In a 2003 study, only 9% of physicians were willing to use e-mail to communicate with patients. This has something to do with old habits. But it has a lot to do with payment schedules, too. Guidelines should feature the research that shows the positive health outcomes of strong physician-patient relationships and how social media tools help build relationships. In today’s “pay for performance” market, these outcomes help build credibility for wired communication.
    Training Support
    We also think Health 2.0 guidelines need to be supported by training. Studies show that training in interviewing and interpersonal skills produces substantial differences in the quality of care. Training in Health 2.0 communication would likely have a similar impact.
    Paradoxically, as patients can access and control more data, they have a greater need for trusted physicians who communicate well using various mediums. As Ted Epperly, President of the American Academy of Family Physicians, has said, patients need “wise counsel” in sifting through the prodigious amounts of information available via Health 2.0.
    And physicians as well as patients need to learn how to navigate this environment. No longer the sole authoritative source of medical information, physicians need to adapt, becoming an experienced partner and guide for inquiring patients. Training can help doctors get comfortable in this new role.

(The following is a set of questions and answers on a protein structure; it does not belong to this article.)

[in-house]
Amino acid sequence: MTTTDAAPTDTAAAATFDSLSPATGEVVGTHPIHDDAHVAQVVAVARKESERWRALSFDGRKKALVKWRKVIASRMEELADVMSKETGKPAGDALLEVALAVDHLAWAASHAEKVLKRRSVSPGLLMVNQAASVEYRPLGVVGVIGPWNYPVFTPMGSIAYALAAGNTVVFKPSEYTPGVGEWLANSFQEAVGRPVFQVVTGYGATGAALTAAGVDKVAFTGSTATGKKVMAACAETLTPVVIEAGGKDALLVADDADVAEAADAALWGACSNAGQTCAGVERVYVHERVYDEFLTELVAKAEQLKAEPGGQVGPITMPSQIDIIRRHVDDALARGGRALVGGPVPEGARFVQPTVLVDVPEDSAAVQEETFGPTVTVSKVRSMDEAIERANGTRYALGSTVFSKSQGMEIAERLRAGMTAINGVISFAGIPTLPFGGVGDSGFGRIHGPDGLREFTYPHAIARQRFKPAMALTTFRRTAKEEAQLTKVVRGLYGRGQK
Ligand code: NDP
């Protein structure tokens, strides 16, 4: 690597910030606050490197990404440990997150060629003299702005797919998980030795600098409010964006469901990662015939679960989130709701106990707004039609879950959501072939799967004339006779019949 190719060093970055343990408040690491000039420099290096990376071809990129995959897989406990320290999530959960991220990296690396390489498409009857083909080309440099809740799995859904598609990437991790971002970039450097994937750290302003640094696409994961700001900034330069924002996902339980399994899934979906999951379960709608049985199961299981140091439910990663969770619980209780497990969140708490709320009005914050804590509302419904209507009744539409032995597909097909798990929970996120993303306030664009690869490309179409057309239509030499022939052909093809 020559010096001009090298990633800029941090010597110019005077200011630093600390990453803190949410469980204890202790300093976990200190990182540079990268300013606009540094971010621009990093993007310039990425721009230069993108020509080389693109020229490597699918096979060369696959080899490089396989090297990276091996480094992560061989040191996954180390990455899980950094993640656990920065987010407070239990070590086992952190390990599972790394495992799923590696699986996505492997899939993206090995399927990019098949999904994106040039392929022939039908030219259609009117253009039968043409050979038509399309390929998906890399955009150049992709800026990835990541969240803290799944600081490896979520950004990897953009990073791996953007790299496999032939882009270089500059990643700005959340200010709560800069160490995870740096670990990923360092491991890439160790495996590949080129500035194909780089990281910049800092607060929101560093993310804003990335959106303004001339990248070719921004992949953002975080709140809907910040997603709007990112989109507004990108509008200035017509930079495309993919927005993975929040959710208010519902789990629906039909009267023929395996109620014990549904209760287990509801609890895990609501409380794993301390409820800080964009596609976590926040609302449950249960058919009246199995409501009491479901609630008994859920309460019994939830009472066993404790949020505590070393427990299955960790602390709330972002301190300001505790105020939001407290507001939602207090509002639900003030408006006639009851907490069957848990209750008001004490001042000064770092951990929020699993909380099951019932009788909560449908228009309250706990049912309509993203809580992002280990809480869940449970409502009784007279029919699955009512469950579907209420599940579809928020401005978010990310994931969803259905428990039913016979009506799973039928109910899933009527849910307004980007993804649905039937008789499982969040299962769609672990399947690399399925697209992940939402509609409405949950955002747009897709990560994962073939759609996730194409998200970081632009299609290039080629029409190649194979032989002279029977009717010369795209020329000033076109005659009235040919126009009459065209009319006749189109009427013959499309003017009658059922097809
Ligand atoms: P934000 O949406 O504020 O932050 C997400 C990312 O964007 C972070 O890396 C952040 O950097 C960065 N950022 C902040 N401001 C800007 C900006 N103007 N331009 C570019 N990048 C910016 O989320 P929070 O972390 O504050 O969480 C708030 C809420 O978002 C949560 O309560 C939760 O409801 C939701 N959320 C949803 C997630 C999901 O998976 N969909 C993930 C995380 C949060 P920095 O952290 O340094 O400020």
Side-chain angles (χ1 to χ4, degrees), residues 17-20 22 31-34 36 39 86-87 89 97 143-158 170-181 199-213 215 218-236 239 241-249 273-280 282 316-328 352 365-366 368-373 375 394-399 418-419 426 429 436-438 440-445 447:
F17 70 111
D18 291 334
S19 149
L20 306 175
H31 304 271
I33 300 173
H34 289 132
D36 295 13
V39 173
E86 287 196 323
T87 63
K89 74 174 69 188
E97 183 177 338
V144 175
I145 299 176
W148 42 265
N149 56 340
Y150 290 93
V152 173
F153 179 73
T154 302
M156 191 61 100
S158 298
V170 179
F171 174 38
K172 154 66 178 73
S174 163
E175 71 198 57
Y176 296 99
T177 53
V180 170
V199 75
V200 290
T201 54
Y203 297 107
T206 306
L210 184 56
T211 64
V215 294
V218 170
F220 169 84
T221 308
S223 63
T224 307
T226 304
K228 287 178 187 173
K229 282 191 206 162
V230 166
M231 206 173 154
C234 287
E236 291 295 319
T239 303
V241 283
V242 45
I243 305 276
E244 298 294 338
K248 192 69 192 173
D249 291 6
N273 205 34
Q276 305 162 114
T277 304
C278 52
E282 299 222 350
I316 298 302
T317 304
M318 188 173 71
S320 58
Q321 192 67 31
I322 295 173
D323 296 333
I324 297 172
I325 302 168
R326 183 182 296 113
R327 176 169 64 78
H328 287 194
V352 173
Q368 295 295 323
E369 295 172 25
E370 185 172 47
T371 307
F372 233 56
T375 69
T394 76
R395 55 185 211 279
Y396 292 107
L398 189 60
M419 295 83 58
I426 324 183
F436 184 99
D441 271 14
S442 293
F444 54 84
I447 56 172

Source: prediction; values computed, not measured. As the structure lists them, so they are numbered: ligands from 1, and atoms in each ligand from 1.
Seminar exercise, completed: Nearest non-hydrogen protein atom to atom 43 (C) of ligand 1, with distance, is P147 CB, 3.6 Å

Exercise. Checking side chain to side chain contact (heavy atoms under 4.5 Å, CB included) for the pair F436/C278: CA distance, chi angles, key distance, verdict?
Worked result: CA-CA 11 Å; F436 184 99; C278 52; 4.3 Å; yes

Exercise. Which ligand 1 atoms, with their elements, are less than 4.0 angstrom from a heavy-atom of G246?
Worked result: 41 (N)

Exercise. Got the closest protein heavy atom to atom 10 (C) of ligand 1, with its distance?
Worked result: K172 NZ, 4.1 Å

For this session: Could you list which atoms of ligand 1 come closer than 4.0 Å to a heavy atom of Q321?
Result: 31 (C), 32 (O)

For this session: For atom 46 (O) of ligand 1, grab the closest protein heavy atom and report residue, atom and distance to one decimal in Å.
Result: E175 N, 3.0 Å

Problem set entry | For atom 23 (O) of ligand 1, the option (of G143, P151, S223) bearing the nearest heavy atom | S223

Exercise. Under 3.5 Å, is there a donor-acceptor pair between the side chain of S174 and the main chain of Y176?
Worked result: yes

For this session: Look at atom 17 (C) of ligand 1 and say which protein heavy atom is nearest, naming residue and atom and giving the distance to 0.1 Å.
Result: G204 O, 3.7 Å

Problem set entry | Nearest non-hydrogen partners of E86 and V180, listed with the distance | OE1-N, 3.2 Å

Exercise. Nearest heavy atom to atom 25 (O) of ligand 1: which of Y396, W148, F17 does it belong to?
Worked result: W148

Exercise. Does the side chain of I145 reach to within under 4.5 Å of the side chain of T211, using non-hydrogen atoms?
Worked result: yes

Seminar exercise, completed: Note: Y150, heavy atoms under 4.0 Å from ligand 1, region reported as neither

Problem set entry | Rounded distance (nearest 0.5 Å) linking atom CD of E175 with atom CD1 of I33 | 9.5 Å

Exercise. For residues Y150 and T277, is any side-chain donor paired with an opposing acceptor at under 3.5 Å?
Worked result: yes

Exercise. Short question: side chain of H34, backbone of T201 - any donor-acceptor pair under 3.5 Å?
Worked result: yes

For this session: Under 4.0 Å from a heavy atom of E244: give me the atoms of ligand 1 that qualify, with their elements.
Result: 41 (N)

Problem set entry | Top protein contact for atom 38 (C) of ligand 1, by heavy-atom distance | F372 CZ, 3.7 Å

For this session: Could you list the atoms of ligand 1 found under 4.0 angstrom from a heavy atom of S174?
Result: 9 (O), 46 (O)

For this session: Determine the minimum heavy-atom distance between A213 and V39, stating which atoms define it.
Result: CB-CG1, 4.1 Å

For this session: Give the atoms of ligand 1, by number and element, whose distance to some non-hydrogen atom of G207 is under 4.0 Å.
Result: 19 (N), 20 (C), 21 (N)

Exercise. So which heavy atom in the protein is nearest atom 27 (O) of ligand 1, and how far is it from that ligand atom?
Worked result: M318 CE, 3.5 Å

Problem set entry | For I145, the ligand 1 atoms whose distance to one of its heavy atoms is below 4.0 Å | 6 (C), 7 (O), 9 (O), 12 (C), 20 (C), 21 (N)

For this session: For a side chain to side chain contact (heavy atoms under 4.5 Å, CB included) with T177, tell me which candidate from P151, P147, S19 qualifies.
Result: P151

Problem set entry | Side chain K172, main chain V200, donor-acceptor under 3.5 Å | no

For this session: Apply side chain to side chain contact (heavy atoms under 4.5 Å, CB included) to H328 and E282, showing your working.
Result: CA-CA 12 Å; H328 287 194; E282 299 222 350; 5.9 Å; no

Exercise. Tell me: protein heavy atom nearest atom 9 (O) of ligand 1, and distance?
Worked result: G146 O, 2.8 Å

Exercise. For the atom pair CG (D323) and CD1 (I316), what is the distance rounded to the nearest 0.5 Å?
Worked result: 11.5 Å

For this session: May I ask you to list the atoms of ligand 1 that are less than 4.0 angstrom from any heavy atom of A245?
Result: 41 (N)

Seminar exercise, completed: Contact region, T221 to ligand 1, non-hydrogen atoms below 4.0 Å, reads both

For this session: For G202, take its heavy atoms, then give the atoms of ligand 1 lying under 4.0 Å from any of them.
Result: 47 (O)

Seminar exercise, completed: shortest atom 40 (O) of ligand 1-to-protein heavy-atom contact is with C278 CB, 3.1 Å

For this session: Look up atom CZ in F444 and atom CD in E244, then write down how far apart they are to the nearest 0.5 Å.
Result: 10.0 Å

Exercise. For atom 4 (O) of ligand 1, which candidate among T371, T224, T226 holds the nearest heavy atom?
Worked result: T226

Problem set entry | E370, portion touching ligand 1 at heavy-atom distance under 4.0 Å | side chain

Ann Miller RN MHA

  3. The culture has already shifted. It is our institutions that are slow to react. There is good reason that these forces are called disruptive. The health care industry is being forced to adapt primarily by a changing marketplace (not government) and that includes the empowered patient. There is no way this jeanie goes back in the bottle.

  4. I believe a little bit of information in the wrong hands can be very dangersous. Relying on the internet to diagnose what ails you, or “seeking” the direction from a doctor on-line seems very wrong. I believe this could end in disaster!

  5. Medical texts with search engines ought to be on line, for instance, Signs and Symptoms, or Differential Diagnosis. When patient come with their diagnosis, I can shmooze with them, cut and paste on the EHR, and bill the max!